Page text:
‘Greek’ love at Rome: Propertius 1.20 and the reception of Hellenistic verse

DOI : 10.54563/eugesta.766


This paper analyses the homoerotic aspect of Propertius 1.20 and its presentation of the myth of Hylas, the lost beloved of Hercules. It argues that Propertius reacts to the portrait of ‘Greek love’ that is found in the two surviving lengthy versions of this myth in Apollonius’ Argonautica and Theocritus’ Idylls, increasing the homoerotic ambience of the myth and encouraging his readers to look back to his models for traces of the approach that he himself takes. It also interrogates Propertius’ domestication of his Greek models’ narratives in a contemporary Roman and particularly elegiac context, and argues that the poem is better integrated into Propertius’ elegiac universe than is often acknowledged.



A gay canon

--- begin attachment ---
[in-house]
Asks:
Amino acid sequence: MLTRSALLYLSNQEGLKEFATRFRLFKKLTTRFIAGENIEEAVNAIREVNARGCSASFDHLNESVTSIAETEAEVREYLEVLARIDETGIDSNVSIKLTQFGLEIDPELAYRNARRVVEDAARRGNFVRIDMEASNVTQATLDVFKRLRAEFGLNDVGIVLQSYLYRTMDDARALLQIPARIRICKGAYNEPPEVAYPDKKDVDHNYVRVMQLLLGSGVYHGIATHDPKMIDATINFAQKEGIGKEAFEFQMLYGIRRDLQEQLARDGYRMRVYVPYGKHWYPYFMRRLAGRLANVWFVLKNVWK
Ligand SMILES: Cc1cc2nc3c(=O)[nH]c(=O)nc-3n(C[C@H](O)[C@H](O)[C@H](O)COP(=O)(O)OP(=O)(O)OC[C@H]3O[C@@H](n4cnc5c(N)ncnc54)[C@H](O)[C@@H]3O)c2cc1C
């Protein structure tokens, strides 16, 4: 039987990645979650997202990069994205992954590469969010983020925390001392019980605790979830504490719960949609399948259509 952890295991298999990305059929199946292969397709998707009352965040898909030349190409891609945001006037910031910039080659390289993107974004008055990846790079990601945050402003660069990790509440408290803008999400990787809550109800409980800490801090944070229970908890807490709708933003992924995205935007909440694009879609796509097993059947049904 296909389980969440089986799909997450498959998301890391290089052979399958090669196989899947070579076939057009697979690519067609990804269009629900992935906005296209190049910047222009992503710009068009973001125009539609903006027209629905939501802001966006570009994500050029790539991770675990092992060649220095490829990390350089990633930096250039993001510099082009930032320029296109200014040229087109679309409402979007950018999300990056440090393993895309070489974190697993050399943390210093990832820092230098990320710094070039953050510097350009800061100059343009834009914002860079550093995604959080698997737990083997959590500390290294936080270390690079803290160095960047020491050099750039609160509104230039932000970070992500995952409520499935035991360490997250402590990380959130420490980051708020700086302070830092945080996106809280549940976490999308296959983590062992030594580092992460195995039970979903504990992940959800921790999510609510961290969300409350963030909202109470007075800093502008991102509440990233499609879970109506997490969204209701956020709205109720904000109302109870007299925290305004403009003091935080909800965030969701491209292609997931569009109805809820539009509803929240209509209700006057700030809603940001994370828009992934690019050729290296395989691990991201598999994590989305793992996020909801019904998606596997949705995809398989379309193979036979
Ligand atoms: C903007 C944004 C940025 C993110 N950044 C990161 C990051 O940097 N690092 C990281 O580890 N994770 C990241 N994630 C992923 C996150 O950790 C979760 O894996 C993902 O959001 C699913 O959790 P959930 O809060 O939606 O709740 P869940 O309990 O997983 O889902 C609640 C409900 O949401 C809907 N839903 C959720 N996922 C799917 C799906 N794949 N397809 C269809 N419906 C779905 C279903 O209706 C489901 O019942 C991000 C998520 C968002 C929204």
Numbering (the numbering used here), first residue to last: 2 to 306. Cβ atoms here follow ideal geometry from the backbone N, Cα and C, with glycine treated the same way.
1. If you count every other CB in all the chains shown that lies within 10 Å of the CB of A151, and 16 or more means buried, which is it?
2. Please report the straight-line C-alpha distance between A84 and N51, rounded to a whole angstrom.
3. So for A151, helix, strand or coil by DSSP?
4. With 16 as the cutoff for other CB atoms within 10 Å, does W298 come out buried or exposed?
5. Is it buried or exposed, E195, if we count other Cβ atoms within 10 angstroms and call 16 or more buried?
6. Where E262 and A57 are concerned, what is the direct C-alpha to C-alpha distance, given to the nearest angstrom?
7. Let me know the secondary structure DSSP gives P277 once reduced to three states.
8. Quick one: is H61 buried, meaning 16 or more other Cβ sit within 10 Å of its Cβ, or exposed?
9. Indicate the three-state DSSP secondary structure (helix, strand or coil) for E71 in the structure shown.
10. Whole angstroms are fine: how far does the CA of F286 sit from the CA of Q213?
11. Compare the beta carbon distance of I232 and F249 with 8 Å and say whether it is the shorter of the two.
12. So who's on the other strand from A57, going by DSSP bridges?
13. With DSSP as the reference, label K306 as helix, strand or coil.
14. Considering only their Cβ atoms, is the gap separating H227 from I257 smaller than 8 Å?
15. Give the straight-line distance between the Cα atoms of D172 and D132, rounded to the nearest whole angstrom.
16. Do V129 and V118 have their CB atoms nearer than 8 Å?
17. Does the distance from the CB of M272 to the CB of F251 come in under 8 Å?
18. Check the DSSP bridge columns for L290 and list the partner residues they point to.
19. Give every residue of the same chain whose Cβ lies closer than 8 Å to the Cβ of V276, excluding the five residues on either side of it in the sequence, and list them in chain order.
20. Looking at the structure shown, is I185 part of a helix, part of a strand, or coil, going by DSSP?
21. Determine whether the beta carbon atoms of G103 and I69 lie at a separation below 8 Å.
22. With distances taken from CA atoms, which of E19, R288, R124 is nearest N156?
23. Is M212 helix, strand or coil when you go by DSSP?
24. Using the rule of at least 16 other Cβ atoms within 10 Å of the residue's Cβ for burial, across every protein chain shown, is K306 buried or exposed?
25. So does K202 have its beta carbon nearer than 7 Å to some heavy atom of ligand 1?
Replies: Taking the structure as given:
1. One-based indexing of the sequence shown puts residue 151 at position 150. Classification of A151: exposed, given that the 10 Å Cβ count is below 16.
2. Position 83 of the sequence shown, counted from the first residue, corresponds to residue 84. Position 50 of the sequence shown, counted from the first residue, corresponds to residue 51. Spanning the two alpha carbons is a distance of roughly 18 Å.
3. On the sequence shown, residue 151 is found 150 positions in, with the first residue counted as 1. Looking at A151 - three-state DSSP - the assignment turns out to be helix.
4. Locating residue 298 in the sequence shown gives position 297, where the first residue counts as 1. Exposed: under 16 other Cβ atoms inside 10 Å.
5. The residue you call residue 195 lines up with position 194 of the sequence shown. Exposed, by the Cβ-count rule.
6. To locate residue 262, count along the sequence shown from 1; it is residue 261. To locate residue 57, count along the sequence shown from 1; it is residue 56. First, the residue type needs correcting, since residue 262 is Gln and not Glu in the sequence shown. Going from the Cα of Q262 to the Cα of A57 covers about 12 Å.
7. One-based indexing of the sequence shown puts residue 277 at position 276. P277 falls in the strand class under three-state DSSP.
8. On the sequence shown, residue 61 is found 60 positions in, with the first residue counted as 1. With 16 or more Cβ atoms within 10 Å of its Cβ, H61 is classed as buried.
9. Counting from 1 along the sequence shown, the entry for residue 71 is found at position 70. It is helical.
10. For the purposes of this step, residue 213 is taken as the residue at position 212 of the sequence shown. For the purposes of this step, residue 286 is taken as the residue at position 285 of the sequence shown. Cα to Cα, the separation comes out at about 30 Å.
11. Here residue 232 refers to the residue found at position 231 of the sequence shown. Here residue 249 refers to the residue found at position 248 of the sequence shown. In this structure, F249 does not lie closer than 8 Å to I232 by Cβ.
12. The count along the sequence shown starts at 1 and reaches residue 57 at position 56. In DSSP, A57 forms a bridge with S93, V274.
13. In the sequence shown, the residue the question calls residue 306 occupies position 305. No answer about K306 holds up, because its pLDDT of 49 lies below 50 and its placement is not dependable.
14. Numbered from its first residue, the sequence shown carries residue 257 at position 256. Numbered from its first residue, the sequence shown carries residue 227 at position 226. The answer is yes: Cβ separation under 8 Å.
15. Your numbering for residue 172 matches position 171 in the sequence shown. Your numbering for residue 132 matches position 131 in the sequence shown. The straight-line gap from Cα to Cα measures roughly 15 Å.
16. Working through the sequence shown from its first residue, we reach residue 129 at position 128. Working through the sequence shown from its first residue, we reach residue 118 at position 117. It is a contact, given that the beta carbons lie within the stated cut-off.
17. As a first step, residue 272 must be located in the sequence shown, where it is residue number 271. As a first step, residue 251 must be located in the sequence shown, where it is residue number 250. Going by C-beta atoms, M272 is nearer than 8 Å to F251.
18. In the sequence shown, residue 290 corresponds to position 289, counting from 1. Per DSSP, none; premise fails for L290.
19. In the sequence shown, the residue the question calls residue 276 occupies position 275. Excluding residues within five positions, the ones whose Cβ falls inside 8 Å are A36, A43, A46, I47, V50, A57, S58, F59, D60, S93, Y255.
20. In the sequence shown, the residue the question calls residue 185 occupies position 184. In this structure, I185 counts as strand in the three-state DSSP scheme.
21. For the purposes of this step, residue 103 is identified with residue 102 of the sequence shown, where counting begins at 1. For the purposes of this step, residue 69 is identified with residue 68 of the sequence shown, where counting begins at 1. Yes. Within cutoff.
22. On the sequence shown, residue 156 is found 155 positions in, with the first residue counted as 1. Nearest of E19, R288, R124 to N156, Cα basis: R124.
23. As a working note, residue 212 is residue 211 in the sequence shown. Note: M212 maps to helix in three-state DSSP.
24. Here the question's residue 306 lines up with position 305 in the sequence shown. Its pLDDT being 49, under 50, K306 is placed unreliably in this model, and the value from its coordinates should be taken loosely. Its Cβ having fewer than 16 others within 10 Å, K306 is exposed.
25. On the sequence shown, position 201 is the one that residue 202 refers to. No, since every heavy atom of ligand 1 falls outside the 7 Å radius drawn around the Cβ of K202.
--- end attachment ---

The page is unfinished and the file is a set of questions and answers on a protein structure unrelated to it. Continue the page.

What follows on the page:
Edward Prime-Stevenson’s 1913 short story ‘Out Of The Sun’ describes a private library wherein a ‘special group of volumes’ has been carefully assembled1:

They were crowded into a few lower shelves, as if they sought to avoid other literary society, to keep themselves to themselves, to shun all unsympathetic observation. Tibullus, Propertius and the Greek Antologists [sic] pressed against Al Nafsewah and Chakani and Hafiz. A little further along stood Shakespeare’s Sonnets, and those by Buonarrotti; along with Tennyson’s “In Memoriam”, Woodberry’s “The North-Shore Watch”, and Walt Whitman. Back of Platen’s bulky “Tagebuch” lay his poems. Next to them came Wilbrandt’s “Fridolilns Heimliche Ehe”, beside Rachilde’s “Les Hors-Nature”; then Pernauhm’s “Die Infamen”, Emil Vacano’s “Humbug”, and a group of psychologic works by Krafft-Ebing and Ellis and Moll. There was a thin book in which were bound together, in a richly decorated arabesque cover, some six or seven stories from Mardrus’ French translation of “The Thousand Nights And A Night” – remorsely [sic] separated from their original companions. On a lower shelf, rested David Christie Murray’s “Val Strange” and one or two other old novels; along with Dickens’ “David Copperfield”, the anonymous “Tim”, and Vachell’s’ “The Hill”, companioned by Mayne’s “Intersexes”, “Imre” and “Sebastian au Plus Bel Age”.